Use the following persistent identifier: http://nrs.harvard.edu/urn-3:hul.ebook:CHS_Benveniste.Indo-European_Language_and_Society.1973.
Chapter 7. Religion and Superstition
morari meque ab domuitione, tuo obsceno omine
The religiones of the seer Calchas, arising from an unfavorable omen, compel the army to stay where it is and the hero from returning home. We see that religio, a term of the augural language, denotes a “scruple relating to the omina,” that is to say a subjective frame of mind.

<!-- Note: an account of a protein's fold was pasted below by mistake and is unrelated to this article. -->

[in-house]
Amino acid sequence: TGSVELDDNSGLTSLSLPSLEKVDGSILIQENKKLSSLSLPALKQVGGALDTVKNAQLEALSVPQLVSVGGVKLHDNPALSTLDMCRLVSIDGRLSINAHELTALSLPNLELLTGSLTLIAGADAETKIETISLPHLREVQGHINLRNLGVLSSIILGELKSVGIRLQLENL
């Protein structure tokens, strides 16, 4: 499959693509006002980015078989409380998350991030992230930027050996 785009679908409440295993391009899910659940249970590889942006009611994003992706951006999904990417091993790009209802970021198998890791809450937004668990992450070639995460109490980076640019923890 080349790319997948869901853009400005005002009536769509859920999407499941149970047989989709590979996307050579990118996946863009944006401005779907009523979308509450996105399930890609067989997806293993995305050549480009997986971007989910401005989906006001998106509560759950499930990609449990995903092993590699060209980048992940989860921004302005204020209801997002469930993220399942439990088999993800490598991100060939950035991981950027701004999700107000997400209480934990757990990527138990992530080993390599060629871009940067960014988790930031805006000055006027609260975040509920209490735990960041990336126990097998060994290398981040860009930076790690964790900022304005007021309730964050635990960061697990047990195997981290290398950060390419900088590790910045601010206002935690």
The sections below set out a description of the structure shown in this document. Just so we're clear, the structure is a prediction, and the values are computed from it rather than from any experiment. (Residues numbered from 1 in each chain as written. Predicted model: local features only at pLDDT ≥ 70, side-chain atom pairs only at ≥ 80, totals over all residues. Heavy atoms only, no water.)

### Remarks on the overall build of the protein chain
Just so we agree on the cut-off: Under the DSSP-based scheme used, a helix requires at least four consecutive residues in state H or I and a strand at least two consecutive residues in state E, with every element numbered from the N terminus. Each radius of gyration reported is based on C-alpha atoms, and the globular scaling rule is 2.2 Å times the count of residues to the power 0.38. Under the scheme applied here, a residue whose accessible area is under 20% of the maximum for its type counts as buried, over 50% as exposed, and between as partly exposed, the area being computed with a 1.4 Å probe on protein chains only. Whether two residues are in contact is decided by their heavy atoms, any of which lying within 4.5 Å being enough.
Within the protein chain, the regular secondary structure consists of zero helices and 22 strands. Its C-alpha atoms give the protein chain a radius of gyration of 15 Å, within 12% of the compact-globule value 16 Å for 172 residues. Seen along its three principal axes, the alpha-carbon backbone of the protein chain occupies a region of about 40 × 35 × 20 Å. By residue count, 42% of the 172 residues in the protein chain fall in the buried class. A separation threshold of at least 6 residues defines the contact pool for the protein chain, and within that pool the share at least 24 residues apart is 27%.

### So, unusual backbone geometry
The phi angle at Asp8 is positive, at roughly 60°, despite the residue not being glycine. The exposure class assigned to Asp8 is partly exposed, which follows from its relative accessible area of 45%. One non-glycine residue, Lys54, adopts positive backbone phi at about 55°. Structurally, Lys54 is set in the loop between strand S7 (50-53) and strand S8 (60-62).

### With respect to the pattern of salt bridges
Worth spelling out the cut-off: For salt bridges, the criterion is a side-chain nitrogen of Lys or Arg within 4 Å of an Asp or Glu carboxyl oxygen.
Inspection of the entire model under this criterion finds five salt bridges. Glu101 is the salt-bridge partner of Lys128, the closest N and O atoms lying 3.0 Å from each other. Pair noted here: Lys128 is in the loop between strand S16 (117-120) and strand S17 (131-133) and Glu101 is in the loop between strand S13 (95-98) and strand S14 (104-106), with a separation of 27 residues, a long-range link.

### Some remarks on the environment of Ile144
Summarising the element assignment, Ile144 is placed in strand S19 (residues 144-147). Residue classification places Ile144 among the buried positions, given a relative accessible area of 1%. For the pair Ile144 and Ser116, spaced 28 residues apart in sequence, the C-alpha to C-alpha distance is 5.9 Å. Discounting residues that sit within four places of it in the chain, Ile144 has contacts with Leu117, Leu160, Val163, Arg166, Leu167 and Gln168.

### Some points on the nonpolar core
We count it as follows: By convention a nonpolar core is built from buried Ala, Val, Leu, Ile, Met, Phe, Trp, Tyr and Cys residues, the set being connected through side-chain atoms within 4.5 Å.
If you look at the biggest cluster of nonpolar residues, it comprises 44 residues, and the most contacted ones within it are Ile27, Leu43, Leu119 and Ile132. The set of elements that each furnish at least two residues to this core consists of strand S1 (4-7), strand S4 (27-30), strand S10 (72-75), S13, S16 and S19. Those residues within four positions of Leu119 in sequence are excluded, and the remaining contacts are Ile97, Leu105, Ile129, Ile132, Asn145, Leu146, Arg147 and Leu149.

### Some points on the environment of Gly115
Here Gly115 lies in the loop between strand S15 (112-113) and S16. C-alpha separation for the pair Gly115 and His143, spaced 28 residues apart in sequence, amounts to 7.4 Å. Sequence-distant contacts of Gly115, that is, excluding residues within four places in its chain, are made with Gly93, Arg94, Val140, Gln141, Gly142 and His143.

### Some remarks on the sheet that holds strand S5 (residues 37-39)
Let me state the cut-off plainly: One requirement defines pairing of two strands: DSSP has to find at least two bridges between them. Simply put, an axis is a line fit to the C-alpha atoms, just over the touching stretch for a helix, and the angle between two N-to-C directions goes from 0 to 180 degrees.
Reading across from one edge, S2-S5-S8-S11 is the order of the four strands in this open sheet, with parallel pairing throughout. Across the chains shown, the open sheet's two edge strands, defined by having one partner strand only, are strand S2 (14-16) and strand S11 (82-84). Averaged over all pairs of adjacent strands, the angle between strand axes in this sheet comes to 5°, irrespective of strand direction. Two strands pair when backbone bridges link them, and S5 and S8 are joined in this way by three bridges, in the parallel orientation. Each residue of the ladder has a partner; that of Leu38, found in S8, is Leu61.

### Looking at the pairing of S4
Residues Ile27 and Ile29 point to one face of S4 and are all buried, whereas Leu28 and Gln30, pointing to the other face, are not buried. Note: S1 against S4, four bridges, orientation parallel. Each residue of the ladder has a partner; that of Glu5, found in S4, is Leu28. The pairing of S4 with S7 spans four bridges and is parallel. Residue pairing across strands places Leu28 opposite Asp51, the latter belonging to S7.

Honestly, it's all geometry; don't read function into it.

omnia quidquid inerit vera dicet?
We can now see the solution: superstitiosus is the one who is “endowed with the power of superstitio,” that is, “qui vera praedicat”, the seer who speaks of past events as if he had actually been present: the “divination” in these examples did not refer to the future but to the past. Superstitio is the gift of second sight which enables a person to know the past as if he or she had been present, superstes. This is how superstitiosus denotes the gift of second sight, which is attributed to “seers,” that of being a “witness” of events at which he has not been present.